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Gastroenterology Research and Practice
Volume 2015, Article ID 692492, 4 pages
http://dx.doi.org/10.1155/2015/692492
Clinical Study

Feasibility of Endoscopic Resection for Sessile Nonampullary Duodenal Tumors: A Multicenter Retrospective Study

1Division of Gastroenterology, Department of Internal Medicine, Incheon St. Mary’s Hospital, College of Medicine, The Catholic University of Korea, Seoul 403-720, Republic of Korea
2Bucheon St. Mary’s Hospital, College of Medicine, The Catholic University of Korea, Seoul 403-720, Republic of Korea
3Yeouido St. Mary’s Hospital, College of Medicine, The Catholic University of Korea, Seoul 403-720, Republic of Korea
4Seoul St. Mary’s Hospital, College of Medicine, The Catholic University of Korea, Seoul 403-720, Republic of Korea
5St. Paul’s Hospital, College of Medicine, The Catholic University of Korea, Seoul 403-720, Republic of Korea

Received 4 August 2014; Revised 9 February 2015; Accepted 10 February 2015

Academic Editor: Spiros D. Ladas

Copyright © 2015 Sung Min Park et al. This is an open access article distributed under the Creative Commons Attribution License, which permits unrestricted use, distribution, and reproduction in any medium, provided the original work is properly cited.

Abstract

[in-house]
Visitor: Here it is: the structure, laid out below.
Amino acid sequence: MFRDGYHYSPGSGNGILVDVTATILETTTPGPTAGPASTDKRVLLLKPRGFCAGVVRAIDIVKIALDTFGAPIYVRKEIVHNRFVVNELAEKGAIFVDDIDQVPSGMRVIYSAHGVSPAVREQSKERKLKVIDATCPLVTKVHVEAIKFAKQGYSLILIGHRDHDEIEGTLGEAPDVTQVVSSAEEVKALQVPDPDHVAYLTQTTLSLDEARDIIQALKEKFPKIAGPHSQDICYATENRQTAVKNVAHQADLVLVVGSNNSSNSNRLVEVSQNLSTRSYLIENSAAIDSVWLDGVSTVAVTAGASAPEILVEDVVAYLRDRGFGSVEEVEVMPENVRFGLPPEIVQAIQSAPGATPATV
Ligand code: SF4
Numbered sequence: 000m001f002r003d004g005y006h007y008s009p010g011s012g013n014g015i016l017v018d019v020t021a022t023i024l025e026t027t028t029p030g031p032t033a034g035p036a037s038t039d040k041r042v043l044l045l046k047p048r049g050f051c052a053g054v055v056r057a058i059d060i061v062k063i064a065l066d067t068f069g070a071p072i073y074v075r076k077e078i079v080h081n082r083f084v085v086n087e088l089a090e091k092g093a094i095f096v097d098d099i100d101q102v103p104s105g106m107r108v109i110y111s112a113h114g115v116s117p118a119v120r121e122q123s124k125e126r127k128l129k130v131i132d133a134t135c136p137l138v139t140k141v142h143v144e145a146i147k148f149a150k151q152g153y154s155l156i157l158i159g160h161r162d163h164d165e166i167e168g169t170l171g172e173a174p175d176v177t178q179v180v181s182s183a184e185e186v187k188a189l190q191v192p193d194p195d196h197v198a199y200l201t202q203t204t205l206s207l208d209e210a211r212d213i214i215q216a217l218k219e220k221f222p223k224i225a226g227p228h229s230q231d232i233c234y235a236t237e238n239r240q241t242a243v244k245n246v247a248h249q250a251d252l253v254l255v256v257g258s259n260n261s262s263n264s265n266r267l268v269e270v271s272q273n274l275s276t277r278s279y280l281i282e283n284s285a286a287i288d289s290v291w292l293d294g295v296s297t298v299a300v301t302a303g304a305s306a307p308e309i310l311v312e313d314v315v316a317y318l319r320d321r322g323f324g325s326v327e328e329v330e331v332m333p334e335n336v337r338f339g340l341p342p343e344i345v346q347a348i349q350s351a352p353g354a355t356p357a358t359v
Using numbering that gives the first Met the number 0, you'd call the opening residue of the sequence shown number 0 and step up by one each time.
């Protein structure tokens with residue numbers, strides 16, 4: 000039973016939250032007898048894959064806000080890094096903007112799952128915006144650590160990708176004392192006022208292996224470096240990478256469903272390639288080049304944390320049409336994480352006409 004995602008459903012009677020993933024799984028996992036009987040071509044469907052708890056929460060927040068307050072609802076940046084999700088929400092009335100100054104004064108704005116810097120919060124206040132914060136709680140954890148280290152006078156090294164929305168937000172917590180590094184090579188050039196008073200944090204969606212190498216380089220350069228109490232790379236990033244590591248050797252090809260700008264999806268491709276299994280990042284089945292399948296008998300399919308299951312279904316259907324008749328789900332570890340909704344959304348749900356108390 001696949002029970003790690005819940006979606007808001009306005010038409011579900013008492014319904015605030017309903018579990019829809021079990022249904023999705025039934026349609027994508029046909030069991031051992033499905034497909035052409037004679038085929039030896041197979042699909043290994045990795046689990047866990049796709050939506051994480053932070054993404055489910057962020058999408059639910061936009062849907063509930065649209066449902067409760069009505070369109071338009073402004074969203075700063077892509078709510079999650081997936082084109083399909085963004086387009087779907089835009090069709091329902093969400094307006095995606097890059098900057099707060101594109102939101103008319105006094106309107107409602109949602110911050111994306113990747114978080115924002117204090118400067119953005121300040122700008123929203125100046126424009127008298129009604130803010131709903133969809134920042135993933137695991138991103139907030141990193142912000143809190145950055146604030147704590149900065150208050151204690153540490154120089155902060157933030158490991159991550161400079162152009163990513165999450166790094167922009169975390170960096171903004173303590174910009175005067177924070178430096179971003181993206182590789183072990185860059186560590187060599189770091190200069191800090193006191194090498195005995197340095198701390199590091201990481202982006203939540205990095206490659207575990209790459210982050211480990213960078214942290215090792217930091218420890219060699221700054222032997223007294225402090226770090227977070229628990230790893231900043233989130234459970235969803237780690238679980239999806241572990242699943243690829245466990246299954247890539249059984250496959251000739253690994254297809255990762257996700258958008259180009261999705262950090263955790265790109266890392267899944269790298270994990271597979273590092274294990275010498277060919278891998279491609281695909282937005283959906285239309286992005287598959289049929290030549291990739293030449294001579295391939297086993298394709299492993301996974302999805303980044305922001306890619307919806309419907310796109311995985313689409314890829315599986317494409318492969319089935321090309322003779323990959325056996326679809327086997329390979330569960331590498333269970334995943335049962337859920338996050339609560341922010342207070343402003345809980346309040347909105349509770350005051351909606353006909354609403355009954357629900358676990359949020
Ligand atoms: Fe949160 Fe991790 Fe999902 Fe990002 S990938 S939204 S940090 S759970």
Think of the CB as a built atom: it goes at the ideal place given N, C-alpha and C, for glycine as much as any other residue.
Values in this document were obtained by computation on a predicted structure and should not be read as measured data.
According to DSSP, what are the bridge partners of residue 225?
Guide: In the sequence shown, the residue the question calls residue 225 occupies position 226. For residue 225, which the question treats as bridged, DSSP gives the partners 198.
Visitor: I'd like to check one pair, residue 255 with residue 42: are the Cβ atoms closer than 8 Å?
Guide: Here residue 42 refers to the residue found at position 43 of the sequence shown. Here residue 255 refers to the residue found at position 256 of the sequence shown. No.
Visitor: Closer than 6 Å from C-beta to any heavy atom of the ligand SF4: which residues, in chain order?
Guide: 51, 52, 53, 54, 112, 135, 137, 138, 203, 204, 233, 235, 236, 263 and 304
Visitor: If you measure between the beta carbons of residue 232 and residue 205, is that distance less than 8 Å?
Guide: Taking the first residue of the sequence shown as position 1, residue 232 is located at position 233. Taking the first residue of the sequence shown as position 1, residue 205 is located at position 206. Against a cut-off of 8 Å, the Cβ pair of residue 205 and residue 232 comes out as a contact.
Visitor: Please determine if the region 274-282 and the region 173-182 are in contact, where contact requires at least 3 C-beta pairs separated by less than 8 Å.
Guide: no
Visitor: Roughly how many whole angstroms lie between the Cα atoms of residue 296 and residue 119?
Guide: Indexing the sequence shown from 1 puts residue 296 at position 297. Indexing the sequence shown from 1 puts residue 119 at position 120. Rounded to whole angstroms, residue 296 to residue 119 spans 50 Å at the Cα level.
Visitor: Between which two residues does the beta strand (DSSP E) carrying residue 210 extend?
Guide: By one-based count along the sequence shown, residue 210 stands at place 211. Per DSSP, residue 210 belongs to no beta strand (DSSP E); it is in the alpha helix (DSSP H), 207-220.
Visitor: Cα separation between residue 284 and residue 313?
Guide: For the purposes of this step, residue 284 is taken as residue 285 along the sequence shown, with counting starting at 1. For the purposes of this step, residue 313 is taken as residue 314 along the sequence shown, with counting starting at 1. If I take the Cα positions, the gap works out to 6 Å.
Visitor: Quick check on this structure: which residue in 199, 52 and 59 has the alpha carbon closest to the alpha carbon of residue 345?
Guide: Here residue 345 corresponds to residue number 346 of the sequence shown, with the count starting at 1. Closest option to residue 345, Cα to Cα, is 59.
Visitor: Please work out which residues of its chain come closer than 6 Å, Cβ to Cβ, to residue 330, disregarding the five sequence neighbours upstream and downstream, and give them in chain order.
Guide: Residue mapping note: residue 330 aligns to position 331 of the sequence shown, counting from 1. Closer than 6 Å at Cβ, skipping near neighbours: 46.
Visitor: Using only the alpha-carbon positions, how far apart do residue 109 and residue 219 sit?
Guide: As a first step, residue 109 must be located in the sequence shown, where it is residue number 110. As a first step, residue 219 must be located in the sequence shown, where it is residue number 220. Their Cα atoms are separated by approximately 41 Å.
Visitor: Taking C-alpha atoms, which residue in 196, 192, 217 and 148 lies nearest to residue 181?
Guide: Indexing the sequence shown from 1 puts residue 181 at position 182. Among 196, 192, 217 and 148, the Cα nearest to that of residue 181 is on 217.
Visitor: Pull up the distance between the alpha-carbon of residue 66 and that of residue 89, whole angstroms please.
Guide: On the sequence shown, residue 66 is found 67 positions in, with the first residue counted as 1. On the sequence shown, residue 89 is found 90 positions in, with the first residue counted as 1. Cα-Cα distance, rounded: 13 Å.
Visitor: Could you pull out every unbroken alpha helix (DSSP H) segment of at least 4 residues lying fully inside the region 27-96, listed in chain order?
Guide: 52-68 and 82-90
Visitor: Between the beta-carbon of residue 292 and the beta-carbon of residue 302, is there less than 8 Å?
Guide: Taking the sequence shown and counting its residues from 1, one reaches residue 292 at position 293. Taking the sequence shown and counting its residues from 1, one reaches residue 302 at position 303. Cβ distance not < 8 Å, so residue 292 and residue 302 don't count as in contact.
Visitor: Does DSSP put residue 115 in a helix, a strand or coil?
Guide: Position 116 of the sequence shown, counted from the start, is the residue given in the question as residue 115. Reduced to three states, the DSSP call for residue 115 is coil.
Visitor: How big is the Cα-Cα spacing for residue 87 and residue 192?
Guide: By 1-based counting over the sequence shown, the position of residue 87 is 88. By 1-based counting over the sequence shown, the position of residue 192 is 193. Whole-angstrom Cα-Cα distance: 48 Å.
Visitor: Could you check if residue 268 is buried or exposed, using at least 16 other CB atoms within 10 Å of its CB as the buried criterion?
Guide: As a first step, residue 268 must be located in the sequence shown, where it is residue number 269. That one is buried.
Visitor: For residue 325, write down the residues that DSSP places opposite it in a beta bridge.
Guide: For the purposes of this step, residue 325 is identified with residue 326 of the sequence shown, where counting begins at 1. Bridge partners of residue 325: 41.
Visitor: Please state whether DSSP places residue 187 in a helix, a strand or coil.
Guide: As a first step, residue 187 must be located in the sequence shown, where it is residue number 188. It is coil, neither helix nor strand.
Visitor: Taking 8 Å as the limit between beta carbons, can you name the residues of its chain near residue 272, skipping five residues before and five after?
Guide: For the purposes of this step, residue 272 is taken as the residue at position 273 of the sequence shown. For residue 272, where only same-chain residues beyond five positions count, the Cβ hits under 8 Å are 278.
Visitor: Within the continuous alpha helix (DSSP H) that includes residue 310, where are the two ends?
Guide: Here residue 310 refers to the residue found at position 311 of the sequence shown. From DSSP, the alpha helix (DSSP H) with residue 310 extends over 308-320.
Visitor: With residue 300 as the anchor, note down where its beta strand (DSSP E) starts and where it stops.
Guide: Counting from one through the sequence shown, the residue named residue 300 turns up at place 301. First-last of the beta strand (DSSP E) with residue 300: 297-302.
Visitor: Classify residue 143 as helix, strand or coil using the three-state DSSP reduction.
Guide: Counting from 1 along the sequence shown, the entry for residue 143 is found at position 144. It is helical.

Objectives. Sessile nonampullary duodenal tumors (SNADTs) are relatively rare and endoscopic resection of these lesions is considered more challenging than in other parts of the gastrointestinal tract. The aim of this study was to evaluate the feasibility of endoscopic resection for SNADT. Methods. Medical records including endoscopic resection for SNADT from July 2002 to July 2013 from 5 centers affiliated to The Catholic University of Korea were reviewed retrospectively. Demographic features and clinical outcomes such as complete resection and complications were analyzed. Results. A total of 56 lesions from 54 patients were enrolled in this study. Forty-five lesions were resected by endoscopic mucosal resection (EMR), 6 lesions by endoscopic submucosal dissection (ESD), and 5 lesions by simple polypectomy. Histologic examination after endoscopic resection revealed adenocarcinoma in 2, low grade adenoma in 25, high grade adenoma in 11, and carcinoid tumor in 18 lesions. En bloc resection rates and histological complete resection rates were 78.6% (44/56) and 80.0% (28/35), respectively. Bleeding which required additional endoscopic intervention occurred in 1.8% (1/56) and perforation in 7.1% (4/56). There was no procedure-related mortality. Conclusions. Endoscopic resection techniques including ESD might be safe and effective modalities for the management of SNADT.